Glasgow Sonnets (i) by Edwin Morgan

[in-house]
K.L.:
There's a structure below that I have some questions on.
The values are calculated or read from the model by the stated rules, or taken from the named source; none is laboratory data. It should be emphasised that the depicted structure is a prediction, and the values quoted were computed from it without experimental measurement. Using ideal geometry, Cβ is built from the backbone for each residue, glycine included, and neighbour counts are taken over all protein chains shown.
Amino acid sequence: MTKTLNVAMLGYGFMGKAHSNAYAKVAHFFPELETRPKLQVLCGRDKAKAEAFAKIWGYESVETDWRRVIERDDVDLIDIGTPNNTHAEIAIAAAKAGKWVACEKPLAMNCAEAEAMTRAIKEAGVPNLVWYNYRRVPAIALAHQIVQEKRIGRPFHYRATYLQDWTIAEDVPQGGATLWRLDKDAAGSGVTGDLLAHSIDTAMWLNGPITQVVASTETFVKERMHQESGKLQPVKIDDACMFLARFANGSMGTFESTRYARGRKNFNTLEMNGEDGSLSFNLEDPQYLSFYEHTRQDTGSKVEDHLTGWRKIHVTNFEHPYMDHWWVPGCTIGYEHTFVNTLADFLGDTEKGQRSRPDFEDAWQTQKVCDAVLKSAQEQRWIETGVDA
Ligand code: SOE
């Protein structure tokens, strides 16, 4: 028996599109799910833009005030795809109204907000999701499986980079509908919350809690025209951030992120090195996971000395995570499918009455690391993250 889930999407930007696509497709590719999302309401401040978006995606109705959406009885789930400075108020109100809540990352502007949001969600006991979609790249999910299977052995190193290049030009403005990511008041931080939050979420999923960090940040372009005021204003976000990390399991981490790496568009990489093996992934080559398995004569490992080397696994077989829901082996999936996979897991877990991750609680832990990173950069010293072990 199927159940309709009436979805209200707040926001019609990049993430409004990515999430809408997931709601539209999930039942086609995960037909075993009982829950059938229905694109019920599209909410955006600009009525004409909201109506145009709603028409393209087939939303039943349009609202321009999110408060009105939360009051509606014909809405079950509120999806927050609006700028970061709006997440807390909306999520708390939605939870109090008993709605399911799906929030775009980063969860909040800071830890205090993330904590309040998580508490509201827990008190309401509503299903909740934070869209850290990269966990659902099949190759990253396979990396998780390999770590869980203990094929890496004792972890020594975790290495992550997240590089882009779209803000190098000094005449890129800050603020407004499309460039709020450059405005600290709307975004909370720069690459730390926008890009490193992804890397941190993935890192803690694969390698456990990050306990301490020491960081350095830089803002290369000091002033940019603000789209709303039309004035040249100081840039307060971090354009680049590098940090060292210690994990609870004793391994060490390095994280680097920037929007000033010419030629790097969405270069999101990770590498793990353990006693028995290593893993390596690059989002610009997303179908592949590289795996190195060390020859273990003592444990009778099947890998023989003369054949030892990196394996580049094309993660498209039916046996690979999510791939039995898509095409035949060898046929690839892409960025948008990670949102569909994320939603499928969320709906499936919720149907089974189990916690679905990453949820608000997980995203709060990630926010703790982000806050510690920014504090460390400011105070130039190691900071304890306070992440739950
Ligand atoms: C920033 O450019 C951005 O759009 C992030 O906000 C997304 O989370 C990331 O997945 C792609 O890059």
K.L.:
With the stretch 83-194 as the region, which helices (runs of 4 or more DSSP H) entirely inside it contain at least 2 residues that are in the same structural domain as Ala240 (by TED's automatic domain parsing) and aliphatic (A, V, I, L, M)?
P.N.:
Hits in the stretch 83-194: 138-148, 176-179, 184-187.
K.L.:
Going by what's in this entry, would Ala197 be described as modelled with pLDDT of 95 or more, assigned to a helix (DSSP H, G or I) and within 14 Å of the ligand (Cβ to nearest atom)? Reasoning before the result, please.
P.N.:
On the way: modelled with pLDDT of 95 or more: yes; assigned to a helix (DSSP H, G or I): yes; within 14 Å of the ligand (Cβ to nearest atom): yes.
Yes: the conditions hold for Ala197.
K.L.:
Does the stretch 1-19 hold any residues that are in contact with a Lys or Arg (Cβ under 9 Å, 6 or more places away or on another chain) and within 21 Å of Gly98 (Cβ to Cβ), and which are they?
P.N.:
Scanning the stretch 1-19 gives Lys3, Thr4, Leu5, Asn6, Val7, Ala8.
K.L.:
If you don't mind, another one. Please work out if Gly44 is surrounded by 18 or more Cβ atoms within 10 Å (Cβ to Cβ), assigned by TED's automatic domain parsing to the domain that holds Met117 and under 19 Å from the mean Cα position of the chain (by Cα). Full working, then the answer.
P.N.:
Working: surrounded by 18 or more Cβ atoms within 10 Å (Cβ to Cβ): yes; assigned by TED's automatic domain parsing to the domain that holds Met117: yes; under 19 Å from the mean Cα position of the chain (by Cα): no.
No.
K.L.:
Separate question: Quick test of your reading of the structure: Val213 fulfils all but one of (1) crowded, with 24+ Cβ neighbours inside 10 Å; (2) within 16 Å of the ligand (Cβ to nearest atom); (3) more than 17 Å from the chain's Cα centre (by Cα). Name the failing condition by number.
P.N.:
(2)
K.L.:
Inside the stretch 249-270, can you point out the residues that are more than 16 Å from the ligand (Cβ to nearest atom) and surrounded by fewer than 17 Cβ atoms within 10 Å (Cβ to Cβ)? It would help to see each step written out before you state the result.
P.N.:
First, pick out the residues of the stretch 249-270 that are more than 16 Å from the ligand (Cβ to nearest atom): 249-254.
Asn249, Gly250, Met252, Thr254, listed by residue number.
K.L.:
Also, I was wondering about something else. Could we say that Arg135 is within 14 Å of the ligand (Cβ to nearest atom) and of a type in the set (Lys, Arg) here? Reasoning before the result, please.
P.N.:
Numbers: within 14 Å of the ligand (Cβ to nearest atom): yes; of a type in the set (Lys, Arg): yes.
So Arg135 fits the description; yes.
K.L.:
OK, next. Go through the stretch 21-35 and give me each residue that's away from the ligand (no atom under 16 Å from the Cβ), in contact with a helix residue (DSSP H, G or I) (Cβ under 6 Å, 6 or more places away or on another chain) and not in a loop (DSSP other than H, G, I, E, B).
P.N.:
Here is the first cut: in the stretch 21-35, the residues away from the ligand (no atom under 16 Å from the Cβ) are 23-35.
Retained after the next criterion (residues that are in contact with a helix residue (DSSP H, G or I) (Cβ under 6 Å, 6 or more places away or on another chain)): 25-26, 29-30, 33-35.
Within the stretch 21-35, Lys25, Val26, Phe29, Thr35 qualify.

BRIEF NOTES ON KEY QUOTES FROM THE "GLASGOW SONNETS (i)".   "A mean wind wanders" - Instantly a harsh environment is implied through "mean wind"; the wind has been personified as an evil, angry character with intent on causing harm. From the word "wanders", the wind is travelling aimlessly/ has no planned route; therefore, the wind is being described as a thug that is aimlessly travelling down the backcourt careless of whom or to what that it may harm. "Hackles on puddles rise" - this imagery illustrates the harsh wind's intentions. The puddles have been placed under attack; this is illustrated through Morgan's use of imagery. Hackles are the hairs found along the back of an animal that rise when alarmed or angry; therefore, the wind's harshness is causing issues for the puddles. This adds to the despair which inhibits this bleak area. "old mattresses puff briefly and subside" - this quote suggests that the mattresses are ready for a fight because they "puff briefly", they are making themselves bigger but they loose their courage and subside; the "mean" wind is to harsh, is a thug. "Play-fortresses" - the bleak conditions are hightened when Morgan writes about a children's playing area as a play-fortress. This word combinations is very interesting because a fortress is a building designed for defence against an enemy, therefore implying that the children are defending themselves from their environment, the invading decay. However, the word "play" suggests that the children are merely playing games which involve them being put under attack, if so, this is ironic because the children are indeed under attack; attack from their disintegrating environment and ultamately that of poverty. the quote then continues: " ... of bric and bric-a-brac" - reading this part of the quote you, as the reader, are made to have sympathy for the children playing their games; they are playing with discarded waste. This shows there is no hope for them - poverty will swallow them.  "have no windows left to smash" - the word choice featured in this quote is also interesting because it gives the reader an insight into the area. What you can gather is that four storeys of the block of flats have no more windows - they have all been smashed. What is interesting, however, is that he writes "left to smash", this implies that if there were any windows people would smash them regardless. This continues this idea of the area being bleak, it implies that…


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